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Manulife Securities shakeup continues

Two more executives part company in wake of link to collapsed Portus

Two more senior executives have departed Manulife Securities International Ltd. in the wake of the brokerage firm's ties to collapsed hedge fund Portus Alternative Asset Management Inc.

Bruce Norgren, who served as chief compliance officer, and Michael Novak, chief legal counsel, both left Toronto-based Manulife Securities within the past three weeks. Company spokesman Tom Nunn confirmed the latest personnel changes yesterday, but declined further comment.

The shakeup follows news last week that Manulife Securities president and chief executive officer Greg Gray had left the firm along with the manager of investment research, Jeff Plate.

Manulife Securities struck a referral arrangement with Toronto-based Portus in August, 2003, and played a key role in the hedge fund's rapid growth. Portus had more than $800-million in assets and 26,000 investors last March, when it was forced into receivership by the Ontario Securities Commission.

The OSC charged Portus co-founder Boaz Manor last week with violating provincial securities laws, and filed formal allegations against three other former Portus executives.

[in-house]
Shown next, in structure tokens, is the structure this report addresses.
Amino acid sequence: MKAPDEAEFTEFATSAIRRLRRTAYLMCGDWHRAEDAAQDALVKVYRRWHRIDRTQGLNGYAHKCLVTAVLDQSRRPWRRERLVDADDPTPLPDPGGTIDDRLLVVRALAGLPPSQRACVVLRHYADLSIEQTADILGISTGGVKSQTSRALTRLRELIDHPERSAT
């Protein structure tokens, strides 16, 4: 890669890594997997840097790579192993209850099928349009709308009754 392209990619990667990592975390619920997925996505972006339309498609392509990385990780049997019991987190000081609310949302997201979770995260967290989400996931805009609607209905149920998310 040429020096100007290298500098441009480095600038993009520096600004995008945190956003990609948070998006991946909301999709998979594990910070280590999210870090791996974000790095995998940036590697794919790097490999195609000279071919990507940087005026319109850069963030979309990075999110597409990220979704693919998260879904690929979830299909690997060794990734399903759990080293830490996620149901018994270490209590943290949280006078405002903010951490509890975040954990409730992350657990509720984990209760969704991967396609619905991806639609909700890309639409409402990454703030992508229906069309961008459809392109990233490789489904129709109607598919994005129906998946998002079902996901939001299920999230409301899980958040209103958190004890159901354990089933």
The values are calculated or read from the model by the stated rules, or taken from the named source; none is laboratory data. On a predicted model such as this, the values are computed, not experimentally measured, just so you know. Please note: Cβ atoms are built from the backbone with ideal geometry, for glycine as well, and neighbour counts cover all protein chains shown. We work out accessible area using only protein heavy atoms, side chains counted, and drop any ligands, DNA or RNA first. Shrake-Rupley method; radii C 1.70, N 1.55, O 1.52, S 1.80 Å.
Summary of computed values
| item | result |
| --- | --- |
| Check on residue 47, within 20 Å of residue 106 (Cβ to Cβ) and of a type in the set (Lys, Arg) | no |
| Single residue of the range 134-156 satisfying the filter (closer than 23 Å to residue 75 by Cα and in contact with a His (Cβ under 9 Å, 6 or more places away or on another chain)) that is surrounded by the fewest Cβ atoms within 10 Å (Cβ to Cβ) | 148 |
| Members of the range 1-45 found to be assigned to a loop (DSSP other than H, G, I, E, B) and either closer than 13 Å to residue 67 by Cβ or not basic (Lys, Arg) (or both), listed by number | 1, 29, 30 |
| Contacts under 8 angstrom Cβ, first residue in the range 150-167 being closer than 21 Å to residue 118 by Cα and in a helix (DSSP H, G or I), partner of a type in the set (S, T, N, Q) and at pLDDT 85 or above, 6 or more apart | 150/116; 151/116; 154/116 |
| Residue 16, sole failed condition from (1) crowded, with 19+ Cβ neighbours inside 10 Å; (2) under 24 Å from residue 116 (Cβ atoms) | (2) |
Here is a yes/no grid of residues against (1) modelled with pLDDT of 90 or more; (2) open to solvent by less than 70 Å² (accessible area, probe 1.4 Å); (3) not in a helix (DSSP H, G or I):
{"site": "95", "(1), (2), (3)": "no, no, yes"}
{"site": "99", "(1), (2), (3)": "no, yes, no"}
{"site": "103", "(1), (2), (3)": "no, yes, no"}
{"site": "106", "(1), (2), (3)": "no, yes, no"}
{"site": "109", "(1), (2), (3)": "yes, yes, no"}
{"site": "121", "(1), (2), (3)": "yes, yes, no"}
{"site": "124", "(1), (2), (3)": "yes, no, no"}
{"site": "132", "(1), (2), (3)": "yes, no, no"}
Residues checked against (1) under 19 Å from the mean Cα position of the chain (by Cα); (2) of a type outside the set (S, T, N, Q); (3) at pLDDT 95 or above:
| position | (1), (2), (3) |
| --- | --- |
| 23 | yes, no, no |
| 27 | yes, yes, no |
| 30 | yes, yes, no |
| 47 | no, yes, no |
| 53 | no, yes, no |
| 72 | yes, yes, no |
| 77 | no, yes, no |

Portus did not sell its product directly but relied on referrals from outside salespeople. Manulife Securities and its 300 independent advisers referred 8,300 clients, who invested a total of about $235-million.

"I don't think it would be appropriate for me to comment on the nature of the parting," said Mr. Norgren, when reached at his home yesterday. The 44-year-old had served since 1999 as chief compliance officer at the brokerage, a subsidiary of Toronto-based Manulife Financial Corp.

Calls to Mr. Novak and Mr. Gray were not returned. Last week, Mr. Plate said he and the company had come to a "mutual understanding."

Manulife Financial has guaranteed the client investments, and the insurer took a $40-million Portus-related charge in the first quarter. At the time, CEO Dominic D'Alessandro called it a "wakeup call" for Manulife Securities, and said the subsidiary should have done a better job reviewing Portus funds.

Other mutual fund firms and investment dealers, including Burlington, Ont.-based Berkshire Group of Cos., which referred 2,300 clients to Portus, have asked their independent agents to return fees they received for referring clients to the hedge fund. The disgorgement is voluntary, and Berkshire has not guaranteed client investments.

The charges filed against Mr. Manor last week are "not the end of it," according to OSC enforcement director Michael Watson. He said the commission has broadened the investigation to include the dealer network that referred clients to Portus.

© 2007 The Globe and Mail. All rights reserved.

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